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Politics

President Trump signs $867-billion farm bill into law

)Trump set to sign farm bill, minus the food stamp changes he wanted
Romaine lettuce grows below the Santa Lucia Mountains in the Salinas Valley.
(Ed Young/DPA / TNS)
Washington Post

President Trump signed into law Thursday an $867-billion farm bill that provides billions in aid to U.S. farmers while rejecting deep cuts to the federal food stamp programs sought by some House Republicans.

“We have to take care of our farmers and ranchers, and we will take care of them,” Trump said at the signing ceremony, going on to praise congressional Democrats for what he called their hard work on the bill.

Earlier in the day, the Trump administration also announced it would unilaterally seek stricter work requirement rules for food stamp beneficiaries — changes that House Republicans wanted in the farm bill that were rejected by congressional lawmakers.

The farm bill was approved earlier this month by large majorities of Congress, clearing the Senate by an 87-to-13 margin and the House by a 369-to-47 margin.

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The White House joined House conservatives in calling for reductions in food stamp benefits but never threatened to derail the package over the demand. Farmers have already suffered the consequences of the administration’s trade war, as China slapped retaliatory tariffs on U.S. agricultural exports amid the broader trade spat between the countries.

“This gives a peace of mind to our producers here who have to make plans for 2019,” Agriculture Secretary Sonny Perdue told Fox Business Network on Thursday morning. “It was a good bipartisan vote in Congress — and while we didn’t get everything that we had hoped to get in the bill, it’s a very stable bill for agriculture and for the consumers, as well.”

Shortly before signing the measure, Trump tweeted a video of himself singing the “Green Acres” TV show theme with actress Megan Mullally at the Emmys from several years ago. “Farm Bill signing in 15 minutes! #Emmys #TBT,” Trump tweeted, adding the video showing him wearing blue overalls and holding a pitchfork.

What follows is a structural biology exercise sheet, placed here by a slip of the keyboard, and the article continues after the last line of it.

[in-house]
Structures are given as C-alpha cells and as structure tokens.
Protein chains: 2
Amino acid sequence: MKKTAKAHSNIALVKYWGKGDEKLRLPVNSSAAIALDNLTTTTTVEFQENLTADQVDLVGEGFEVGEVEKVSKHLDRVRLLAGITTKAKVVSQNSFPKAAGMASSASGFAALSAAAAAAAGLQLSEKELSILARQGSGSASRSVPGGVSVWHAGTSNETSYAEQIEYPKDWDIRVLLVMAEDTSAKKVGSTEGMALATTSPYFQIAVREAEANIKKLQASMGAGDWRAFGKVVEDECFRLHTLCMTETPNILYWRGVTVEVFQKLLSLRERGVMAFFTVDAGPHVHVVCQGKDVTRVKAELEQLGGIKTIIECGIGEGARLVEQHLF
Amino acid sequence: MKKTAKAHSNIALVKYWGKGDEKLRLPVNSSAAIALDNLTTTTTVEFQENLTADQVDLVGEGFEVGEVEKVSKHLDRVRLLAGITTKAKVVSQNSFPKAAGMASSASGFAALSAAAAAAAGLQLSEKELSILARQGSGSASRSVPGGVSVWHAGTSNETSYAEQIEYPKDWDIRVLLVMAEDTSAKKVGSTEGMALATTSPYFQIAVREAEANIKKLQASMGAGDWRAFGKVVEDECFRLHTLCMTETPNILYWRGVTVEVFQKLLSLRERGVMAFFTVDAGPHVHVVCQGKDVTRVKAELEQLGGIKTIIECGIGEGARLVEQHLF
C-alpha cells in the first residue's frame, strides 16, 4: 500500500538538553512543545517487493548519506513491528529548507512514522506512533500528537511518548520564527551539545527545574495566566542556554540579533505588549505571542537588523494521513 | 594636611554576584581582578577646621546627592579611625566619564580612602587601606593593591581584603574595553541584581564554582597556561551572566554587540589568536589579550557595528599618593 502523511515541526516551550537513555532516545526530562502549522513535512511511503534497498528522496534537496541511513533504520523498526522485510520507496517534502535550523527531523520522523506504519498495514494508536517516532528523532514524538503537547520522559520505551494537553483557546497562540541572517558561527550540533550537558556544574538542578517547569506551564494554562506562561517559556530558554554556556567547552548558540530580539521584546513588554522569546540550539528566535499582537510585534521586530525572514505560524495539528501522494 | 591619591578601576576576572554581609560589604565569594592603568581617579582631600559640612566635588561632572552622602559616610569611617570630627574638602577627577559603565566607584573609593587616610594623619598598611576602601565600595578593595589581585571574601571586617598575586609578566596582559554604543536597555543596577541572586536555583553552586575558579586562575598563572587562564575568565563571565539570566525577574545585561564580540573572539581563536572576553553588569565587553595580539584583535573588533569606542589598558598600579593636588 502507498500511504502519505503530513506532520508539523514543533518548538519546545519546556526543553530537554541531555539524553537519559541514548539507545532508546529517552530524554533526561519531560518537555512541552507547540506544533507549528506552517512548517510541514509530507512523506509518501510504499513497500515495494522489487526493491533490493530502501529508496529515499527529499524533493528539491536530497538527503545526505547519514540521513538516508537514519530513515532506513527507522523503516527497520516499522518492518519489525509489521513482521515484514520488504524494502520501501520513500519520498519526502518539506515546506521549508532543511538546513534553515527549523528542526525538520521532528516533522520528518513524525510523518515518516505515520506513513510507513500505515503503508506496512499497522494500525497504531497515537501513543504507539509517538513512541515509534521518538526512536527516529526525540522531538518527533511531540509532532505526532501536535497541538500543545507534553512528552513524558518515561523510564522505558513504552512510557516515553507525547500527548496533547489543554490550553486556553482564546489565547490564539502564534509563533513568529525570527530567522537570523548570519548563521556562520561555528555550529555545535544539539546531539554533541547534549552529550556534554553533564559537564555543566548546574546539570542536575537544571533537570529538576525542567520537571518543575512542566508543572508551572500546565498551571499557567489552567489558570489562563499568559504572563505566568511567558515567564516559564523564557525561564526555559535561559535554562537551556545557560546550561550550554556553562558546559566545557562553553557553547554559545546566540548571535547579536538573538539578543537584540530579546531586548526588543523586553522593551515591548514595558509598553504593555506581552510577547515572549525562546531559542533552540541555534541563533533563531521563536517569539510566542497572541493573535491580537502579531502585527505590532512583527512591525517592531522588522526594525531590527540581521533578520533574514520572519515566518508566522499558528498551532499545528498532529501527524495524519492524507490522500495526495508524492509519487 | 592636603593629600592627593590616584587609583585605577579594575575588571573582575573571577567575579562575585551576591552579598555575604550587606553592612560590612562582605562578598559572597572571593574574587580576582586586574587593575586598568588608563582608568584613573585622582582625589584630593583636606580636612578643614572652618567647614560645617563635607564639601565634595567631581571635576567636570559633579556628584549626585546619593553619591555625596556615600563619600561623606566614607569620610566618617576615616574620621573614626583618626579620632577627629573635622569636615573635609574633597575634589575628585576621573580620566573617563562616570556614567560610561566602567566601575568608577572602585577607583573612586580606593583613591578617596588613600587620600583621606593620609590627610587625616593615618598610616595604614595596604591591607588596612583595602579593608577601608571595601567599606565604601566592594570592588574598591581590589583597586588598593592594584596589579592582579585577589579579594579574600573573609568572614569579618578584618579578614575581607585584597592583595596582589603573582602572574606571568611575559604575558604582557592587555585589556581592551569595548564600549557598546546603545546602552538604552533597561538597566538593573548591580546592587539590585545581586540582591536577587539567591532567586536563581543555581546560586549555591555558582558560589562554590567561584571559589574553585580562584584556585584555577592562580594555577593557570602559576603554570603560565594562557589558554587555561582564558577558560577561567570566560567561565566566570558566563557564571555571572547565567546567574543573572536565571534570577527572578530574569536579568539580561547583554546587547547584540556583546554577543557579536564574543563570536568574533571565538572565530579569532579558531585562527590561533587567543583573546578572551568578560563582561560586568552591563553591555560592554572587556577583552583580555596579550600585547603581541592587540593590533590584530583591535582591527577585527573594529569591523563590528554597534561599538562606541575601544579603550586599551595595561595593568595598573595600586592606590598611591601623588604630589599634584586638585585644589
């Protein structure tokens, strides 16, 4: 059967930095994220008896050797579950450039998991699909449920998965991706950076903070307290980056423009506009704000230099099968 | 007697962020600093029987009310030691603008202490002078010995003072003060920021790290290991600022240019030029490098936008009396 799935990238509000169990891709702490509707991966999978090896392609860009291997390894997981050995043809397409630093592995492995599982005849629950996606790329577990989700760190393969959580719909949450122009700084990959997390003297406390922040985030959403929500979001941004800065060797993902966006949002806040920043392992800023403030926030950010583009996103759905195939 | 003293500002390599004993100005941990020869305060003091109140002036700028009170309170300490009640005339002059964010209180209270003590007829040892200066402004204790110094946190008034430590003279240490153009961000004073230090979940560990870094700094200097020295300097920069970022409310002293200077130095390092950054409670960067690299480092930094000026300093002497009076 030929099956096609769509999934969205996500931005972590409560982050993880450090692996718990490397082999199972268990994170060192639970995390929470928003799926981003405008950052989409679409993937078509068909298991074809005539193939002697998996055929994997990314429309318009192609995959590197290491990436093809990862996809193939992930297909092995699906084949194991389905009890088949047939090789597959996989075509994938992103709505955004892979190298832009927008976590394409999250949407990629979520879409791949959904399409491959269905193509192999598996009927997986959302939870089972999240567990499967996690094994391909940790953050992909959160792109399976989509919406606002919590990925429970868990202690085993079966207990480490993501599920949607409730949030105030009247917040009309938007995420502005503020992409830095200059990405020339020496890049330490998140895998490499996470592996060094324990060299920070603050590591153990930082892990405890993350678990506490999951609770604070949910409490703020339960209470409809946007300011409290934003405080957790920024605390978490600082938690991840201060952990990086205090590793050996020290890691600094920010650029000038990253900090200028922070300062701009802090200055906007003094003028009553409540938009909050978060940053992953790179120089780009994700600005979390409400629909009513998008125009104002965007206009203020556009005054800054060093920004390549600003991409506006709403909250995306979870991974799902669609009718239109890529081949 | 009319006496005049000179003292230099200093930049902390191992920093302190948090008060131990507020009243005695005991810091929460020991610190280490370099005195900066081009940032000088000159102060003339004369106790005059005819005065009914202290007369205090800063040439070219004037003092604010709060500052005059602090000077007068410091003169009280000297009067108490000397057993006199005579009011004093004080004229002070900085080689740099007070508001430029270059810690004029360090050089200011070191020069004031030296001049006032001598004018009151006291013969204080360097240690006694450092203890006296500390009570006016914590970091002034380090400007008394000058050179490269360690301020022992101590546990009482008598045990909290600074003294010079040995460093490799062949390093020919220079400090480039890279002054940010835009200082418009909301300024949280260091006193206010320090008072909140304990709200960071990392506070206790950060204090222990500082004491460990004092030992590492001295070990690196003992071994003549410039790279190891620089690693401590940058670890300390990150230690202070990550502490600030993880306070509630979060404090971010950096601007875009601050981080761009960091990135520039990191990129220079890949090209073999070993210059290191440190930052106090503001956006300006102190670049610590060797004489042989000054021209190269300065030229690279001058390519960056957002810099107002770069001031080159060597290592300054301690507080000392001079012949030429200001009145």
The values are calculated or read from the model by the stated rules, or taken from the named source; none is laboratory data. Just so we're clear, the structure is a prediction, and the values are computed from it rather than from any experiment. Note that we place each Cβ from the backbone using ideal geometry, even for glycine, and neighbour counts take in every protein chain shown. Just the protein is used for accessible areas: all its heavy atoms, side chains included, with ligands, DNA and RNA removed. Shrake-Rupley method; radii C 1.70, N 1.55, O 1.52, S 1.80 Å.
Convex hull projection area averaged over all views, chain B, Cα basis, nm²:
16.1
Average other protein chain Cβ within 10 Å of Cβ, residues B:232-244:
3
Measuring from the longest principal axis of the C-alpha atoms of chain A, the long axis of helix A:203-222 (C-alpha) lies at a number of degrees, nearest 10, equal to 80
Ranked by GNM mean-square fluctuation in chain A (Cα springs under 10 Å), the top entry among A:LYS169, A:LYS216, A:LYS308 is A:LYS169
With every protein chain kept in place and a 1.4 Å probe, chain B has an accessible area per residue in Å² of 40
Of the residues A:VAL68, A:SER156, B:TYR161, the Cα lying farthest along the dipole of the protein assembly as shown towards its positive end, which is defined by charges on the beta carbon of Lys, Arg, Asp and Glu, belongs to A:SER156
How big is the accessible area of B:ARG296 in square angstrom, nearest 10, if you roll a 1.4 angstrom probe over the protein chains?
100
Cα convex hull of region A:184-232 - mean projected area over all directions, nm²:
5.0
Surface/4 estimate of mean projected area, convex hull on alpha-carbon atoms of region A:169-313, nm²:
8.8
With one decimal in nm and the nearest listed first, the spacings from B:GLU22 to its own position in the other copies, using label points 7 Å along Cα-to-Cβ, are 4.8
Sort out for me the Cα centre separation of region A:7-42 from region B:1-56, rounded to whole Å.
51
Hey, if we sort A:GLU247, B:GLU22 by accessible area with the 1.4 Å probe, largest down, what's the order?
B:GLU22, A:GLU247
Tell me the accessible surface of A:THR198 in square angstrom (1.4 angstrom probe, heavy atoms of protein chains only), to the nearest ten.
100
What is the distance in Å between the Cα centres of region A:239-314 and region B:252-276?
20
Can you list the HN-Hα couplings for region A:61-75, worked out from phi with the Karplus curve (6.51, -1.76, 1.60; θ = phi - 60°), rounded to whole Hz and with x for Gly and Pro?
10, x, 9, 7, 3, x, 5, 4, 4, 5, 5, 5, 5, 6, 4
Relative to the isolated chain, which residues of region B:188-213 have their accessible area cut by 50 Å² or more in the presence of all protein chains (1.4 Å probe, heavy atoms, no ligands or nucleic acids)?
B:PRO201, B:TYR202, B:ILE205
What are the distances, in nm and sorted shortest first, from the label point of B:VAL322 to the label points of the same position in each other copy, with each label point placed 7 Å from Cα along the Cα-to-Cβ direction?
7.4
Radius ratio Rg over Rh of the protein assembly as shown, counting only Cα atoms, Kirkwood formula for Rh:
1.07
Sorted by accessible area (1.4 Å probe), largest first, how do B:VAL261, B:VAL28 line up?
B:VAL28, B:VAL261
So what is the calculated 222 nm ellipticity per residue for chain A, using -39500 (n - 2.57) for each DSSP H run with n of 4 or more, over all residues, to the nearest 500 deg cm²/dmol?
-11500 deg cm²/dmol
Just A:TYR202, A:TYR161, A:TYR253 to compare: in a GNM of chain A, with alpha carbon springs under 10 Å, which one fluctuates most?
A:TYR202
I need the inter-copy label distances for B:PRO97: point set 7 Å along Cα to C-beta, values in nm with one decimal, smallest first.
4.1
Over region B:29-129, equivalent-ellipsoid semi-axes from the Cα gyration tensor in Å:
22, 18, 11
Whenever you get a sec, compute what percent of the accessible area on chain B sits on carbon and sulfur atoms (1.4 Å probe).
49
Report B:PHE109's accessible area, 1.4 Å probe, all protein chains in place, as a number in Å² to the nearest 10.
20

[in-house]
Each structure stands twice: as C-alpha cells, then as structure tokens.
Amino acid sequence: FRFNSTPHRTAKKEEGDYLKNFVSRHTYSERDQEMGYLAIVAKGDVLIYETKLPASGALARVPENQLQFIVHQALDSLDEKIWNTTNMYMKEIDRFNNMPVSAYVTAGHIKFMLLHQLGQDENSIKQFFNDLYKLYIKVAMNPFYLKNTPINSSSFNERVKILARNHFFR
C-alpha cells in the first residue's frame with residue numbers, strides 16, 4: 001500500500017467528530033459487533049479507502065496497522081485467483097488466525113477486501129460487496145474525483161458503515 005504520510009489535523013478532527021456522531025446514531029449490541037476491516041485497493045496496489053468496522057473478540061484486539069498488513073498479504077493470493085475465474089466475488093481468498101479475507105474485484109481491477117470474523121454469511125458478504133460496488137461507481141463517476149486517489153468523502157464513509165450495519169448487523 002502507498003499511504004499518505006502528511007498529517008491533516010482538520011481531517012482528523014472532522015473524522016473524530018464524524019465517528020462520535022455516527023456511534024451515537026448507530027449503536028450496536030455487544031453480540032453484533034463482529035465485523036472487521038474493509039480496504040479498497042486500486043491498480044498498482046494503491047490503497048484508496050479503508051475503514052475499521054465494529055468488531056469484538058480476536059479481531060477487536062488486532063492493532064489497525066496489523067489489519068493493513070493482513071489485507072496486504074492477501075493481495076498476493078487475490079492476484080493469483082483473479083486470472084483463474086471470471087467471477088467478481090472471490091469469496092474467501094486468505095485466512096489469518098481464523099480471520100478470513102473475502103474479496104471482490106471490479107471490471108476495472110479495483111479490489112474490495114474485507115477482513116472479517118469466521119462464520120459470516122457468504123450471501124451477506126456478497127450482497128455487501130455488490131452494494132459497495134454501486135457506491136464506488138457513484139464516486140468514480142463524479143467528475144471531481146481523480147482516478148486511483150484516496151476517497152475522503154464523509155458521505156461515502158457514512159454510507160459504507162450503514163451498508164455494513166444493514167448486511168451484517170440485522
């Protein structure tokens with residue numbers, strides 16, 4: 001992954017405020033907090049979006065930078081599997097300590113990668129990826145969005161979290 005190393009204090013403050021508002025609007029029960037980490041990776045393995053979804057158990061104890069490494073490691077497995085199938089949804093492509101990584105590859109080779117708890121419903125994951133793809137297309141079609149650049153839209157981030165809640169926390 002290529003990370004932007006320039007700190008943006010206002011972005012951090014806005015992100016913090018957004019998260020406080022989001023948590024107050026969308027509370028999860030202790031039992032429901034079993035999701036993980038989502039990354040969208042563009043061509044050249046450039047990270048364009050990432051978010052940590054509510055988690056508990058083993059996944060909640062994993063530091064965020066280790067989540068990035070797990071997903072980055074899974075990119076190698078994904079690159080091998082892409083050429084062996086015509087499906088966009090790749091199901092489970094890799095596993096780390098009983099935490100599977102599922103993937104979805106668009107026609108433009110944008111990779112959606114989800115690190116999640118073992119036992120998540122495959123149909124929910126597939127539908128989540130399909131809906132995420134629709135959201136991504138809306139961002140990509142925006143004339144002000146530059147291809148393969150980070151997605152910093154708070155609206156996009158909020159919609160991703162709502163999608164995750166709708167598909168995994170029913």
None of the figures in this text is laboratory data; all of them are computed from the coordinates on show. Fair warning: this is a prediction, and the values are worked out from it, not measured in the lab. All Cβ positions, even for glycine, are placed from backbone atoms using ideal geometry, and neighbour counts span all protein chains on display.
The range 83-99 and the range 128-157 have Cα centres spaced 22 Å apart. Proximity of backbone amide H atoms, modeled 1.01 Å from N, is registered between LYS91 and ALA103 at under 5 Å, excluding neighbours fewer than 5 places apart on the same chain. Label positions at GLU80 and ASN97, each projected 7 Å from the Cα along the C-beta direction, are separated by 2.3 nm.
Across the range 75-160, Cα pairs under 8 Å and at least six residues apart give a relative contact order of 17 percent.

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On Thursday, the Department of Agriculture also unveiled an overhaul of the waiver program that allows states to exempt beneficiaries from work requirements if they live in areas with particularly high unemployment. The proposed rule, which will enter a 60-day public comment period, would allow states to waive the requirement only in areas where unemployment is above 7%. Currently, states can waive the requirement in areas with unemployment rates that are at least 20% greater than the national rate.

Roughly 755,000 people live in areas that stand to lose the waivers, according to USDA officials, who projected the program would save taxpayers $15 billion over 10 years.

A similar plan was proposed by House Agriculture Committee Chair K. Michael Conaway (R-Texas) but later rejected during farm bill negotiations with the Senate. Congressional Democrats vowed to oppose the changes and said they would likely meet a legal challenge in court.

“This regulation blatantly ignores the bipartisan farm bill that the President is signing today and disregards over 20 years of history giving states flexibility to request waivers based on local job conditions,” Sen. Debbie Stabenow (D-Mich.), ranking member on the Senate Agriculture Committee, said in a statement Thursday. “I expect the rule will face significant opposition and legal challenges.”

The farm bill also faced criticism, including from conservative Republicans, for enlarging federal farm subsidies. Sen. Charles E. Grassley (R-Iowa), one of two farmers in the Senate and a member of the Agriculture Committee, voted against the package over its expansion of federal subsidies to more-distant relatives of farmers, such as cousins, nephews and nieces. The final draft of the legislation also rejected a number of bipartisan reforms aimed at curbing subsidies for large U.S. agricultural interests.

“I’m very disappointed the conferees decided to expand the loopholes on farm subsidies,” Grassley said. “I’ve been trying to make sure the people who get the subsidies are real farmers. … I’ve been trying for three years, and it gets worse and worse and worse.”


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